So we have a 56 key concertina inscribed G R and the Cumberland Street address, number/date unknown, bearing a batch number 51, and it could be a number of different instruments. I am unable to post a photo here, but will endeavour to PM it to you, Stephen, for your further thoughts, as I am unaware of the meaning of the terms "No. 8 Concert instruments" nor "Solid Black".

 

Comments from other subscribers are, of course, welcome.....



#23 Stephen Chambers

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Posted 22 October 2016 - 08:07 PM

I am unaware of the meaning of the terms "No. 8 Concert instruments" nor "Solid Black"

 

Up until the end of 1883 (page 214) the ledger listings only describe the different models, but from the beginning of 1884 (onwards) they are given model numbers.

 

A "No. 8" was a top-of-the-range instrument, with "Ebony" (or ebonised) ends and 56 keys.

 

I would suspect that "Ebony" in the ledger may denote an instrument with (possibly laminated?) ebony ends, whilst "Black Solid" may suggest an instrument with solid ends that are ebonised, but couldn't be sure without examining the instruments in question.

 

I am unable to post a photo here, but will endeavour to PM it to you, Stephen, for your further thoughts ...

 

So here is (a slightly cropped version of) the photo Malcolm sent me, with the comment "Straight out of the box in natural light, it looks quite black, more so than in the photo, but closer inspection shows what appears to be some very worn "blacking" over what looks to me like rosewood. I've picked the photo where the finish (or lack of it) is most obvious":

 

George%20Roe%20Wheatstone.jpg

 

 

Further research has now established that George Roe is unlikely to have occupied the address written inside the concertina until somewhere between the 1881 and 1891 censuses, which implies that it is unlikely that the concertina in question is 18518 (1869) nor 19151 (1875), unless he purchased it second-hand or wrote the address and his initials inside some time after he acquired the concertina, both of which are possibilities of course.

 

Your photo clearly shows an instrument with laminated rosewood ends that has evidently had its bellows replaced at a later date (seeing that they are evidently 6-fold and these instruments were originally only 4- or 5-fold), and I'd suspect it may have got "blackened up" (and possibly the buttons replaced with "spherical ended" ones) at the same time.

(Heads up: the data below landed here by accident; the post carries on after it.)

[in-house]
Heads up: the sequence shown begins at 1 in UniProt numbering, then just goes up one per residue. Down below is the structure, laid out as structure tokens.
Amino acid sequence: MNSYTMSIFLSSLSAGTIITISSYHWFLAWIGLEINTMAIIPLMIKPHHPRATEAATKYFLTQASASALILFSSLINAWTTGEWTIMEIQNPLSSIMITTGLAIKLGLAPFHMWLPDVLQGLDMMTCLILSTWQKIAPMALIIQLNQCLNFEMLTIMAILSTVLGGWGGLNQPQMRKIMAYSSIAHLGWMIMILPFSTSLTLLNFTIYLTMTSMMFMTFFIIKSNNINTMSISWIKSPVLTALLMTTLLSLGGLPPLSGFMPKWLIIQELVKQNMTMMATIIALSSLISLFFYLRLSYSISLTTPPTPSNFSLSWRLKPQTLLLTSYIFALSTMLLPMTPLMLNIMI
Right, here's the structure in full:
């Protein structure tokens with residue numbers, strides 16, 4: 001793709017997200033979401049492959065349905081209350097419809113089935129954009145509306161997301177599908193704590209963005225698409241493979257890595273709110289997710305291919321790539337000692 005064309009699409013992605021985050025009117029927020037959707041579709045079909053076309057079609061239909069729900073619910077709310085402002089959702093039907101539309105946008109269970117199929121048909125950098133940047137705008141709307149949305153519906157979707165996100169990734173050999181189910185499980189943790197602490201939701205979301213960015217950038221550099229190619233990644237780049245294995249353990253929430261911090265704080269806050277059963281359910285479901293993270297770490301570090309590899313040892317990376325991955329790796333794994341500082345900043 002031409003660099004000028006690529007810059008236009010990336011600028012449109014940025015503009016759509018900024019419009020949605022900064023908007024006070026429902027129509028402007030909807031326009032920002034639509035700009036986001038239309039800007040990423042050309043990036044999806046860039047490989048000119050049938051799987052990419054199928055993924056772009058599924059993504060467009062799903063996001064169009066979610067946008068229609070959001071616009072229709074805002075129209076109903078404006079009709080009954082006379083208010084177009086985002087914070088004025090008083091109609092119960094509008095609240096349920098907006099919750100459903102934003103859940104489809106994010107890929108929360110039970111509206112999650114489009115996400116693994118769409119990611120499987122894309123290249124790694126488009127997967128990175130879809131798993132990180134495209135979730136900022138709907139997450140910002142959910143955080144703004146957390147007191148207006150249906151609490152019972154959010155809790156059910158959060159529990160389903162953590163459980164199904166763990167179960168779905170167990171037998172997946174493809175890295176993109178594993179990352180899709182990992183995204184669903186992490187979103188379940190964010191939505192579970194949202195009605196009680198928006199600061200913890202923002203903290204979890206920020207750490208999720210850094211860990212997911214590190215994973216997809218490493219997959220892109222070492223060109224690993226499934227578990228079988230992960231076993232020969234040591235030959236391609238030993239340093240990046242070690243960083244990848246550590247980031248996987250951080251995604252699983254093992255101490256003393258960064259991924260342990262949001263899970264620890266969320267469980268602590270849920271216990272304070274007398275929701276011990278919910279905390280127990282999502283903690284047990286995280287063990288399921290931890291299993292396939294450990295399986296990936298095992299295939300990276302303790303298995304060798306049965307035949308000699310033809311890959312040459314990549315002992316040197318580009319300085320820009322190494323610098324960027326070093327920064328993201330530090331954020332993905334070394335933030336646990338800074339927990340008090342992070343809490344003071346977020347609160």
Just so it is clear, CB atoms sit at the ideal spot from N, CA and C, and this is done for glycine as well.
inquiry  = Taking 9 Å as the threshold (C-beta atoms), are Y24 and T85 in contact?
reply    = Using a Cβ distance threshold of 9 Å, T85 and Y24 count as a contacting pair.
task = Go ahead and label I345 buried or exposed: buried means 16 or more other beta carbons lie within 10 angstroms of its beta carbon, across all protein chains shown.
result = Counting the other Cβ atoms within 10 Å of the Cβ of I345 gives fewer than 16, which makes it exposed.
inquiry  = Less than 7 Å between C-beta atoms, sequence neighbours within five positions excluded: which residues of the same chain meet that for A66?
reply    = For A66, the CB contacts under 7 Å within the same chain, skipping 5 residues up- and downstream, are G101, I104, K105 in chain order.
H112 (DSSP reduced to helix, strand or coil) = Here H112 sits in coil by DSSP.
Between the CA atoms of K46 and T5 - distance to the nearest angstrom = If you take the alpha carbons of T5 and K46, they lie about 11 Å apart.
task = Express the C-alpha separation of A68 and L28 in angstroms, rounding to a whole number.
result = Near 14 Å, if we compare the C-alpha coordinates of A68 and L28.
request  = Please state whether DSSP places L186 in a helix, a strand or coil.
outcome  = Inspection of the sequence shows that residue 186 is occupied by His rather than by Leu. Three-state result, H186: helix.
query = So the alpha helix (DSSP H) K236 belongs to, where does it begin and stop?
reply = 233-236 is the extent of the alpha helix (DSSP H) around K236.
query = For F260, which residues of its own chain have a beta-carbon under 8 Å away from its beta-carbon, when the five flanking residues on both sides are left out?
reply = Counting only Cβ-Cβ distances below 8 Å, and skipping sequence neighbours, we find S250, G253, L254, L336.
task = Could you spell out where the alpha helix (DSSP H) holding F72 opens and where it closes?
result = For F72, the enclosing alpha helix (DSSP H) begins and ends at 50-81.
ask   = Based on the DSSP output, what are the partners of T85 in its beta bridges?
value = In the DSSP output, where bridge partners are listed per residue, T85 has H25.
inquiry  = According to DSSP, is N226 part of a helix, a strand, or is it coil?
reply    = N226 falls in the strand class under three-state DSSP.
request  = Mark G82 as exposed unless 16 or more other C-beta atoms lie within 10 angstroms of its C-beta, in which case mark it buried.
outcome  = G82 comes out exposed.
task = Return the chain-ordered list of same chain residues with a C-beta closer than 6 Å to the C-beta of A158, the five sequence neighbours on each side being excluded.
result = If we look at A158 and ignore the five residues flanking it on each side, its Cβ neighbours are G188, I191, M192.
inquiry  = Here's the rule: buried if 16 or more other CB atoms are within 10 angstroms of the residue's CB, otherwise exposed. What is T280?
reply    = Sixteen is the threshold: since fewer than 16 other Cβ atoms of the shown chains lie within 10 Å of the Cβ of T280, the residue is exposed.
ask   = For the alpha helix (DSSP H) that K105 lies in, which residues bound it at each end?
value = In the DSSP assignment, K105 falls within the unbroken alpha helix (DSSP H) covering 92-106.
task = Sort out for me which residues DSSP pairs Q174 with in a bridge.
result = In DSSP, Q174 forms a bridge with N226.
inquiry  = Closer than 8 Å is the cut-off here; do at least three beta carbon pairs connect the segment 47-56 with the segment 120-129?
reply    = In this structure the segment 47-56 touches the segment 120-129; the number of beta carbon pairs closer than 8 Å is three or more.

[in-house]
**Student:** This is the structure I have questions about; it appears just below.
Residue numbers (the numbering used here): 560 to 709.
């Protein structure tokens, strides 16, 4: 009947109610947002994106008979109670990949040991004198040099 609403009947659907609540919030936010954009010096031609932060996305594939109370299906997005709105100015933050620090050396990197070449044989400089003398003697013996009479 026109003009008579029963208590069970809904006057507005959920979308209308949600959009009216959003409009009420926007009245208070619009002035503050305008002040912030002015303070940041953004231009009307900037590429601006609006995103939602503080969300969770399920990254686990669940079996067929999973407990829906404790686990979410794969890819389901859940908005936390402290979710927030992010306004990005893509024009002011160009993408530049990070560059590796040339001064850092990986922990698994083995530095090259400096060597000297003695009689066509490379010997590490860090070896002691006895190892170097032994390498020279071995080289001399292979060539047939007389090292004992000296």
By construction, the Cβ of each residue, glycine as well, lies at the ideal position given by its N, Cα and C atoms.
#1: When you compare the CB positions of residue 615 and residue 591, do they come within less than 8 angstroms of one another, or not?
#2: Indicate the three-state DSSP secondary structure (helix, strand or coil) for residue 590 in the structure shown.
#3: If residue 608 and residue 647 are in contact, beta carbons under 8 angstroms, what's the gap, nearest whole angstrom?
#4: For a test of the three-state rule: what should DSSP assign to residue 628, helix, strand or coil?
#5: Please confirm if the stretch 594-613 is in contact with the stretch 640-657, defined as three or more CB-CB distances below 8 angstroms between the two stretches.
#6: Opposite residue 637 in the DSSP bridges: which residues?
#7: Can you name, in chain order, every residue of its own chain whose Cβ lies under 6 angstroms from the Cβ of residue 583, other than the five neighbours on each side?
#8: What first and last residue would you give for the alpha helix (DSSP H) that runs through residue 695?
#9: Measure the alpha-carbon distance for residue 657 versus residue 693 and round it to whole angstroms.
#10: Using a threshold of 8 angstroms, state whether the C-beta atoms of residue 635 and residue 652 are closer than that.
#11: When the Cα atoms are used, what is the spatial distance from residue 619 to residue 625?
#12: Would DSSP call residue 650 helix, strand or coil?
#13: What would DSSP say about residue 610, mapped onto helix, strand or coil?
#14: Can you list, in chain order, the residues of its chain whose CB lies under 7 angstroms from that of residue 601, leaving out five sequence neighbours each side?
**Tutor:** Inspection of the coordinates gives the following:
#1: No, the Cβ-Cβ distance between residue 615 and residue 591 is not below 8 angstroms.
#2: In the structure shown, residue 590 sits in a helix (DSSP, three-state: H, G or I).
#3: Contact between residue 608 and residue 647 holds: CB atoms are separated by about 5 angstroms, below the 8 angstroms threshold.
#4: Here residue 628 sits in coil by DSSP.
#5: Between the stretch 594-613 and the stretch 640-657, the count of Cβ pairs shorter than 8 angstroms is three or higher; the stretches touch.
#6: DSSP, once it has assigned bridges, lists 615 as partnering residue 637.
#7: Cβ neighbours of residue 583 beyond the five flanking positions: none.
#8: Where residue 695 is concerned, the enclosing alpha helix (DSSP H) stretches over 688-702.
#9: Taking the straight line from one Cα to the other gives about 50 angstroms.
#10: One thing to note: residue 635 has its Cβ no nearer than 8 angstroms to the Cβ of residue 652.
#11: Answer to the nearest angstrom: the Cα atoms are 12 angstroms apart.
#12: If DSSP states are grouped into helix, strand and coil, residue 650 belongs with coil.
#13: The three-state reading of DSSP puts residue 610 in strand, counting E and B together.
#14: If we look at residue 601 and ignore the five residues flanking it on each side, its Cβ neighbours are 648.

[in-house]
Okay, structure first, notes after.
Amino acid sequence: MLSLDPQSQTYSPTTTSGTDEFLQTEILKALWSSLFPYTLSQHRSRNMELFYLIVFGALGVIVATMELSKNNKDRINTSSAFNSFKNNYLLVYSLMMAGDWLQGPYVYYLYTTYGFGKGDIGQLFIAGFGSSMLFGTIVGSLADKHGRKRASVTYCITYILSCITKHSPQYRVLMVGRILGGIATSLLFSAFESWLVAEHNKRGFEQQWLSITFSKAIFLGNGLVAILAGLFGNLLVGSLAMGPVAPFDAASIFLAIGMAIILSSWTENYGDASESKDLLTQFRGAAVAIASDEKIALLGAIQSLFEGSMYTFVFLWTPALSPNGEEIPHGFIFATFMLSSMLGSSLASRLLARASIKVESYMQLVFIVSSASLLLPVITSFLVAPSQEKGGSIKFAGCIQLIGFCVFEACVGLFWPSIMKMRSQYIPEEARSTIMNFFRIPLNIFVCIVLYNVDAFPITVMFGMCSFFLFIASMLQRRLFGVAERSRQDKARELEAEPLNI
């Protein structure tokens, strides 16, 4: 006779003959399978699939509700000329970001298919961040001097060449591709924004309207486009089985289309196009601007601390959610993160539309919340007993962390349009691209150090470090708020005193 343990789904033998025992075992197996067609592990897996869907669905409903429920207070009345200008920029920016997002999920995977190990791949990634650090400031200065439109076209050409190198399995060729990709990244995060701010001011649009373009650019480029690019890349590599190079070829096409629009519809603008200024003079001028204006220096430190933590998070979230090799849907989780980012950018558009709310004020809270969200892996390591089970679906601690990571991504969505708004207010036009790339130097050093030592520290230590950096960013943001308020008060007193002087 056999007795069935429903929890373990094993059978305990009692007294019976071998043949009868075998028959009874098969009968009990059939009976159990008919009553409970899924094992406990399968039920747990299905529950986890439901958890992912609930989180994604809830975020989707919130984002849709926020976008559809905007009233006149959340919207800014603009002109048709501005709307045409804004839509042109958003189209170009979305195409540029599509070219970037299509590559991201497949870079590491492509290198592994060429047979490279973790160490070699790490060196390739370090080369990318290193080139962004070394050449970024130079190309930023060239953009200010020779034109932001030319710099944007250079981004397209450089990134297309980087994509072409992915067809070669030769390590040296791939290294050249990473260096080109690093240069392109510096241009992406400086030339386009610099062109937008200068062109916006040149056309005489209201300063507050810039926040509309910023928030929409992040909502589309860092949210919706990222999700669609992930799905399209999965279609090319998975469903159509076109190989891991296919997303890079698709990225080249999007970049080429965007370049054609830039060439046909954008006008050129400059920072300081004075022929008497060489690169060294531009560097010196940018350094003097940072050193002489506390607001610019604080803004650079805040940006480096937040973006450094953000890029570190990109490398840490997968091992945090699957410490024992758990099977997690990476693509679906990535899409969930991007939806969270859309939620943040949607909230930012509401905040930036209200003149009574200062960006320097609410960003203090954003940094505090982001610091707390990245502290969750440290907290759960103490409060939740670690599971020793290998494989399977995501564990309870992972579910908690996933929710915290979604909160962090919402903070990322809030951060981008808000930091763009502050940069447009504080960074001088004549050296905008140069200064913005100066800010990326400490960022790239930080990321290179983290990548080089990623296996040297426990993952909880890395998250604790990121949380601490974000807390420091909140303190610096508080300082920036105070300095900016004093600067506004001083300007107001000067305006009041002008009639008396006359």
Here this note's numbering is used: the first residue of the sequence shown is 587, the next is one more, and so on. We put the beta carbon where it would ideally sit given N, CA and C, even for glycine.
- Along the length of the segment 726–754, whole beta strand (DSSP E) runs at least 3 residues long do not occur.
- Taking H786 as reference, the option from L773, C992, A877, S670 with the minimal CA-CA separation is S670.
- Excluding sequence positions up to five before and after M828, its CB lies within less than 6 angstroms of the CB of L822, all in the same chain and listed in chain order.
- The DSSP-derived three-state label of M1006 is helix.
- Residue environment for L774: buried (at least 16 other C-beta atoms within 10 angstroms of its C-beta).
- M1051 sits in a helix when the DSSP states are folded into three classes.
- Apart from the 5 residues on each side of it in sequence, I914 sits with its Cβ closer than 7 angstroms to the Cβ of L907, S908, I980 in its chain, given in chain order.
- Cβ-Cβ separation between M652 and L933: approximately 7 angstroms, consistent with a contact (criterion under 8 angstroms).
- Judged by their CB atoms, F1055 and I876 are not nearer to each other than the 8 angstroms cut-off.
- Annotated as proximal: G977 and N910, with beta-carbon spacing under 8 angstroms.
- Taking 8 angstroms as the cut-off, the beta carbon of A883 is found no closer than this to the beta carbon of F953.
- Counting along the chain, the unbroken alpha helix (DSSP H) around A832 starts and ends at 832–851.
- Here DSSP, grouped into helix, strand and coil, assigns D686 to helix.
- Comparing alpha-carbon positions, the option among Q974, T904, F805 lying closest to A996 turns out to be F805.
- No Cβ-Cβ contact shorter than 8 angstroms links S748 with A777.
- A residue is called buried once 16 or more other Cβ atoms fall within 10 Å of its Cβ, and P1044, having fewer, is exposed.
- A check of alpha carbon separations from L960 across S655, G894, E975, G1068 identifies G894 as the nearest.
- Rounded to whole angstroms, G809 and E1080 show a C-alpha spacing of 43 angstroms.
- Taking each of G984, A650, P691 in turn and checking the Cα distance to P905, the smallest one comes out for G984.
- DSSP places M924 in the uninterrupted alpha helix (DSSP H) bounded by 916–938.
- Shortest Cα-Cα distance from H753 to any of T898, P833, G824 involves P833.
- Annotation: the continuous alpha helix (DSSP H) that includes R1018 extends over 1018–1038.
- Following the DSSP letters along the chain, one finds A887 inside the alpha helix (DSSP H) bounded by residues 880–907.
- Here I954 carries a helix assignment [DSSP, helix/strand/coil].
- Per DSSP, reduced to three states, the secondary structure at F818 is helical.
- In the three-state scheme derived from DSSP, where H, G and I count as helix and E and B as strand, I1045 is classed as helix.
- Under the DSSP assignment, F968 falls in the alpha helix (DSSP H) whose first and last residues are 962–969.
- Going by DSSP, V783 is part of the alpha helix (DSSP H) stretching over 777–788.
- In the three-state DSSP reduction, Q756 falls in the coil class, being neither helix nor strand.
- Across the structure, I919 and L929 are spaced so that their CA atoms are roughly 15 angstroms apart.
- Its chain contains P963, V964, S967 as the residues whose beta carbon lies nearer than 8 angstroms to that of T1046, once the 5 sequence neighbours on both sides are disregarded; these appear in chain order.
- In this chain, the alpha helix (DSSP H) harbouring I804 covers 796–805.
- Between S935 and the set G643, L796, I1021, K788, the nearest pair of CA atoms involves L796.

My very strong suspicion is that the instrument in question is indeed number "19151, Jan. to March 1875, 56[-key], Rosewood [ends], Steel [reeds], Unpolished", and that it is the (then newly acquired) 56-key instrument that George Roe wrote the "extended compass" arrangement of his ""Fantasia, Recollections of England" for/on that same year...

 

So he probably did write the address, and his initials, inside some time after he acquired the concertina.



#24 malcolm clapp

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Posted 24 October 2016 - 08:30 AM

Many thanks for your insight and comments, Stephen.

 

Indeed, the bellows look of later manufacture than the rest of the instrument, and possibly of Lachenal origin.

Also the thumbstraps in the photo (now replaced) were on Lachenal drilled plates. When I removed them, it revealed also the original Wheatstone pattern screw holes in the woodwork. So evidently, there must have been a period when the instrument was quite heavily played for these repairs to have been carried out, and possibly the blackening of the ends at the same time. Possibly the buttons too, as they looked of somewhat later vintage than I would have expected at that age.

 

From the helpful ICA librarian, Jeremy Hague, I have acquired a jpg of "Fantasia, Recollections of England", published by C Wheatstone & Co, which includes the "extended compass" variation for some passages. I have passed this on to the owner of the concertina. and hopefully she will give it some attention. (I'm afraid it is well beyond my own skill level on the English, which I have sadly neglected for some 25 + years).



#25 Stephen Chambers

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Posted 24 October 2016 - 08:54 AM

... the buttons ... looked of somewhat later vintage than I would have expected at that age.

 

The earliest reference I have found to their "recently invented Keys with Spherical Ends" is a June 1885 Wheatstone advertisement in Musical Opinion & Music Trade Review, but there could be earlier ones.

 

Are they metal caps over wooden cores?



#26 malcolm clapp

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Posted 24 October 2016 - 06:01 PM

 

... the buttons ... looked of somewhat later vintage than I would have expected at that age.

 

The earliest reference I have found to their "recently invented Keys with Spherical Ends" is a June 1885 Wheatstone advertisement in Musical Opinion & Music Trade Review, but there could be earlier ones.

 

Are they metal caps over wooden cores?

 

 

Oh dear, can't remember, but I think so (short term memory loss!) Should have taken more photos....

 

The concertina is back with its owner, some 500kms away, so not easy to access, and I'm not keen to ask the owner to take it apart unnecessarily. If/when I see it again, I'll let you know....